Death is a natural part of the living experience. Many cultures have their own unique view of death, dying and what is to come after. As a Death Doula, it's my mission to carry out the dying's wishes, how they want to celebrate the end of this journey and how they wish to be grieved, remembered and honored in the minutes, days and years to follow.
Death is inevitable. What can feel heavy, burdensome and painful can actually be interpreted as beautiful, an appreciation of life and all the memories, love and tender moments shared. Death is what we make it, and it's my intent to create a loving, safe space for all varying feelings and emotions that arise during this time.
A Death Doula, or End of Life Doula (EOL), is an advocate and support for the dying and their family members. As a Death Doula, I care for those transitioning to the next phase and those who remain here after their loved one has passed, honoring each person's emotional, mental, physical and spiritual needs.
"Modern western culture has all but forgotten this soul need. Very often this most sacred of journey's, this adventure, which should be filled with reverence, mystery, and awe, is instead fraught with fear, turmoil, and anguish. Our ignorance, often disguised as sophistication, has turned dying from a transition into the fullness of our eternal being into a failure and a tragedy. It does not need to be this way.
Slowly, people are re-awakening. We realize that somehow we are misunderstanding something important about the great mystery called death. Slowly, people are beginning to want more for both themselves and their loved ones at this most sacred of times."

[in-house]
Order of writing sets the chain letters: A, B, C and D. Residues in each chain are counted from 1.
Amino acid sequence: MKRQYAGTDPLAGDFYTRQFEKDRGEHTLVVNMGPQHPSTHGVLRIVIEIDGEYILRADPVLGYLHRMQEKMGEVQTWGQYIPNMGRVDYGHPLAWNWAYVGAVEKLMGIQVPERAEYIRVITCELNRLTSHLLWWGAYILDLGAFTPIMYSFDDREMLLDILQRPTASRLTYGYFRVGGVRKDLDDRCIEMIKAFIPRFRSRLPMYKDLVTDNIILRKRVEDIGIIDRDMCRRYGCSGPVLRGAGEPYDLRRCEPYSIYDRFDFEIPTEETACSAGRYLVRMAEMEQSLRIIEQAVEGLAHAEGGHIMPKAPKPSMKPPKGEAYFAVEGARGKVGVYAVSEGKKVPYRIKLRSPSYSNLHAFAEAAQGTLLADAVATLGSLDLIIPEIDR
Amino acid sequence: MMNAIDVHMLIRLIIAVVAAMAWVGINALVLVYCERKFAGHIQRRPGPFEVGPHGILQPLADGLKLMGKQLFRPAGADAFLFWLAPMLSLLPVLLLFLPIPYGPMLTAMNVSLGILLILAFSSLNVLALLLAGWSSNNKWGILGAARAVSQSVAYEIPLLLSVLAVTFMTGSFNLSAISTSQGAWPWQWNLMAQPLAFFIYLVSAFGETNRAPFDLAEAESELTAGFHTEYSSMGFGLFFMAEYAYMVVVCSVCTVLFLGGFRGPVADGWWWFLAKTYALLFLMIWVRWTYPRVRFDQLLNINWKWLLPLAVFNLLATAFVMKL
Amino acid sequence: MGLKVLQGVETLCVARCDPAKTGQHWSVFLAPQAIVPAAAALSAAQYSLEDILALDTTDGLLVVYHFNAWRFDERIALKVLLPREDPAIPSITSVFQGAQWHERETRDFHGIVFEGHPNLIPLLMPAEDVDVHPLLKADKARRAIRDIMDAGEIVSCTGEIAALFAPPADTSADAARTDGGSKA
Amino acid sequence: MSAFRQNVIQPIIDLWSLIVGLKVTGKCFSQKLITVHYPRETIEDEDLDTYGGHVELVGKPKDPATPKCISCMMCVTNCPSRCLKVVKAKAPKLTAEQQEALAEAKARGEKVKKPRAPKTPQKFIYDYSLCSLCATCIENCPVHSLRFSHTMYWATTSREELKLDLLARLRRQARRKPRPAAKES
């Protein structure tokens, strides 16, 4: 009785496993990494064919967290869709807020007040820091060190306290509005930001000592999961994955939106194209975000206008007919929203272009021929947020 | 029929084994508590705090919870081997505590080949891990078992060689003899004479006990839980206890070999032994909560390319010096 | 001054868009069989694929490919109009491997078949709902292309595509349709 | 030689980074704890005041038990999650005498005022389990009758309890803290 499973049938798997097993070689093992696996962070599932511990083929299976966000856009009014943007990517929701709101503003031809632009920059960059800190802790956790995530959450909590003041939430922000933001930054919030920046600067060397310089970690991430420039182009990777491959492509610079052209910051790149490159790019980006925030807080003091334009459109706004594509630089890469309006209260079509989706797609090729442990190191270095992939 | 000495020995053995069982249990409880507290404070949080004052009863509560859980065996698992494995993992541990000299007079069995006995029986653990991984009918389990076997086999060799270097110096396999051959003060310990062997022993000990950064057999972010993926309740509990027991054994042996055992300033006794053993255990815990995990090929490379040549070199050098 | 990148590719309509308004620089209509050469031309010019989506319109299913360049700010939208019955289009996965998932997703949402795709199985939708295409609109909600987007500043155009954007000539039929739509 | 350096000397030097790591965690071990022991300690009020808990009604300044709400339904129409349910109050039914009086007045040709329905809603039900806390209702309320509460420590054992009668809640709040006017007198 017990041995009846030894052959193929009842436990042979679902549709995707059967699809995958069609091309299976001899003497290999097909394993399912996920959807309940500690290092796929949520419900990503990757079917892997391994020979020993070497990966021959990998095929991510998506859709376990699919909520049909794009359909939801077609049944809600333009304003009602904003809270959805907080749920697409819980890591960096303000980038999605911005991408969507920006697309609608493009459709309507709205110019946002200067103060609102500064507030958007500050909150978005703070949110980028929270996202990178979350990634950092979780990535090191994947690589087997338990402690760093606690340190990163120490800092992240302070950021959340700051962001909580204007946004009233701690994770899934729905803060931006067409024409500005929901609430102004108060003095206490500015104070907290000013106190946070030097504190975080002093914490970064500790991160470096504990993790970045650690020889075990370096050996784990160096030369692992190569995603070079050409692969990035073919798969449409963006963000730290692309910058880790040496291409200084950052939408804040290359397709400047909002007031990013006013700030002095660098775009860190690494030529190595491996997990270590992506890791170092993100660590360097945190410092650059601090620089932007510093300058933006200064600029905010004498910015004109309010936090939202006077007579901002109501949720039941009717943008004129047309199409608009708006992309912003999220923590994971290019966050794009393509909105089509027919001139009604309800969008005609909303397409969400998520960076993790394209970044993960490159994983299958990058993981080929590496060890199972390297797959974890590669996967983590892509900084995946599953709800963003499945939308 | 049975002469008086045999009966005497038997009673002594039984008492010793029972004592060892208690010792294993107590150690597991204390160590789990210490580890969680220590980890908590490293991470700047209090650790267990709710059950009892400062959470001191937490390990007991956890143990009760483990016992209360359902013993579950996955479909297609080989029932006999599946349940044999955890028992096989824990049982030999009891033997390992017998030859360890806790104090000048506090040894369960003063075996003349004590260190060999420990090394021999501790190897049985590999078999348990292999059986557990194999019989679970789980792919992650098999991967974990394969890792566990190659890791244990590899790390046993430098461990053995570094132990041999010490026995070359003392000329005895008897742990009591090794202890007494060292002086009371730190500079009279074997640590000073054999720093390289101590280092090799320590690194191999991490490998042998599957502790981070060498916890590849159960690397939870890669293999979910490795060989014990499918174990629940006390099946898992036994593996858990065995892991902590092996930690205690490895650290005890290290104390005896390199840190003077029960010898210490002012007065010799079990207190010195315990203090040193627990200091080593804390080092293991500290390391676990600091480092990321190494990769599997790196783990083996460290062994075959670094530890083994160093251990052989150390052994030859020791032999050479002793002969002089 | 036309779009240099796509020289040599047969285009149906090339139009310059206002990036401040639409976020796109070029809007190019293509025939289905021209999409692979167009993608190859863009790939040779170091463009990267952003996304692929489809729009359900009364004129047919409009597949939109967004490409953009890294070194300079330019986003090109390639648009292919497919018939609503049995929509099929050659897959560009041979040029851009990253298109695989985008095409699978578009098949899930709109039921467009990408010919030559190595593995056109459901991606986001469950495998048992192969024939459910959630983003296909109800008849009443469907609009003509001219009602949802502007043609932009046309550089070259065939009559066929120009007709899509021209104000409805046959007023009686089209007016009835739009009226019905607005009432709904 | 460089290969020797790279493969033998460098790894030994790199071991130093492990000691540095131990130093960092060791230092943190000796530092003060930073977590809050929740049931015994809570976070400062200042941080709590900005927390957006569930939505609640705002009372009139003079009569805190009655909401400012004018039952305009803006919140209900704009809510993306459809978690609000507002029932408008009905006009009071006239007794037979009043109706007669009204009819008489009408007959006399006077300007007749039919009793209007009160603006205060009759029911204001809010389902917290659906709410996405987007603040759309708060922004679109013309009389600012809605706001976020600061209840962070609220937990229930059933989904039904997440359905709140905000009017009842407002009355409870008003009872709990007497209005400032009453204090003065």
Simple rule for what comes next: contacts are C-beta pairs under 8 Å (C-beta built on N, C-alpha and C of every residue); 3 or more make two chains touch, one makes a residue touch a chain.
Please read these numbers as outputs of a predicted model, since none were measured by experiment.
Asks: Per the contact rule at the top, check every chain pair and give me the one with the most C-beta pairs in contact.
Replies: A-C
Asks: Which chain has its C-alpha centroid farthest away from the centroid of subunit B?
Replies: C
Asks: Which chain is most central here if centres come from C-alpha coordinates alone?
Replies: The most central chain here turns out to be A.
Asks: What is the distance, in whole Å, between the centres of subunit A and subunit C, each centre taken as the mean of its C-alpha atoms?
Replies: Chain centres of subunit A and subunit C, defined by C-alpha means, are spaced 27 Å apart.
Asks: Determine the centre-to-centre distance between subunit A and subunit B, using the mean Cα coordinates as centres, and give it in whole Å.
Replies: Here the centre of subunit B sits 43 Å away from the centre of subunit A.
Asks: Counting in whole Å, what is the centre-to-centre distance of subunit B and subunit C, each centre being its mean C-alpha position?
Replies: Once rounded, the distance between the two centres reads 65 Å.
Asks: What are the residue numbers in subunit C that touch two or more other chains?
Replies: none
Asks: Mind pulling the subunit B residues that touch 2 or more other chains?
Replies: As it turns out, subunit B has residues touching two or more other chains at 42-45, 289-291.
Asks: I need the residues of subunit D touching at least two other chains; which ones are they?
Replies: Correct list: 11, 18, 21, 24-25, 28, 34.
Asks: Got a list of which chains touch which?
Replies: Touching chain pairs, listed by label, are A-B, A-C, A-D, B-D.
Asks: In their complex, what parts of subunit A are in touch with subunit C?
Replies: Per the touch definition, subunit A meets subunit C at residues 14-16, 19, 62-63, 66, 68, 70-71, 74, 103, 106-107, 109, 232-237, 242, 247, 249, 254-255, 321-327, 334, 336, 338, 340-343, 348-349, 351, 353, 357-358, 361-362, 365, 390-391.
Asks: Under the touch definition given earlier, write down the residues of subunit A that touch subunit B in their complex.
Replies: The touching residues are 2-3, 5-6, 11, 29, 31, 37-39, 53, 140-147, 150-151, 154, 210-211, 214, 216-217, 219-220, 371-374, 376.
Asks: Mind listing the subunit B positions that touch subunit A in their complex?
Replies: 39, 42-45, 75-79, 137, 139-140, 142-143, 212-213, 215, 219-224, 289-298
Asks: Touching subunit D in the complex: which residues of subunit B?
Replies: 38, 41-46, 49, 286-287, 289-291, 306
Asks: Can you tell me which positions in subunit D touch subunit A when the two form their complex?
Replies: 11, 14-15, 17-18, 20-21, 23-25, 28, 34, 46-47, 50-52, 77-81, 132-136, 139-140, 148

"The 21st century death midwife is part mystic, part shaman, part artist. Rather than healer per se, death midwives are gatekeepers to the realms of spirit and guides to the 'other world.' The choice of the term 'midwife' s clear: We assist and guide the dying into the birth of a new life. We recognize and honor the understanding that death is not an ending but a transition into a different frequency of existence—an existence that, while different, is nevertheless as real as the one we are in now.
A death midwife guides and supports the transitioning from this life into the next. The focus remains on the person dying, not on the family. At the same time, we understand and respect the sorrow of those left behind to mourn the ultimate change of relationship. We understand that this relationship continues, but now in a new form. Once the transition is made, we then support those left behind to mourn fully and freely and, in time, to integrate their loss."
"...As the work we do is on an energetic and spiritual level, we are neither health care professionals no chaplains; yet bridge an important gap in both.We do what the doctors, nurses, and chaplains cannot do; We remain present with our patients physically, mentally, emotionally, and spiritually for long periods of time. We companion the dying, holding vigil when no one else can or will. For the dying, just knowing that they are safe, that they are surrounded by love, and that they are never alone is often the greatest gift we give.
It is extremely helpful to have a guide outside the family dynamic to create and hold this sacred spade. Often the tremendous feelings of loss, fear, anxiety, and regret make it nearly impossible for those closest to the one dying to create and maintain that sacred space for their loved one. This is perfectly understandable, perfectly human. The death midwife fills that role, allowing family, friends, and loved ones to do the difficult grief work they need to do while he maintains undivided loving attention upon the dying."
The art of death midwifery honors all spiritual traditions and philosophies. It is a deeply spiritual calling that embraces the mystical teaching of Judaism, Christianity, Islam, Buddhism, Hinduism, Zen, Tao, Paganism, Wicca, Shamanism, etc. At all times it respects the belief system of the one dying. It is not our purpose to save souls but rather to honor souls in their journey to new life.
The art of death midwifery has no agenda other than to be of service. It draws from ancient traditions, while at the same time it's new and foreign to current western culture. It is about love, about loving others as we hope to be loved ourselves. It is a gift offered with no thought of reward. It is the gift of being present, sometimes to unbearable suffering, to be willing to create and hold sacred space so that the one dying will feel safe to engage in the great labor that being born into a new life requires."
"..We love people enough to watch them die."
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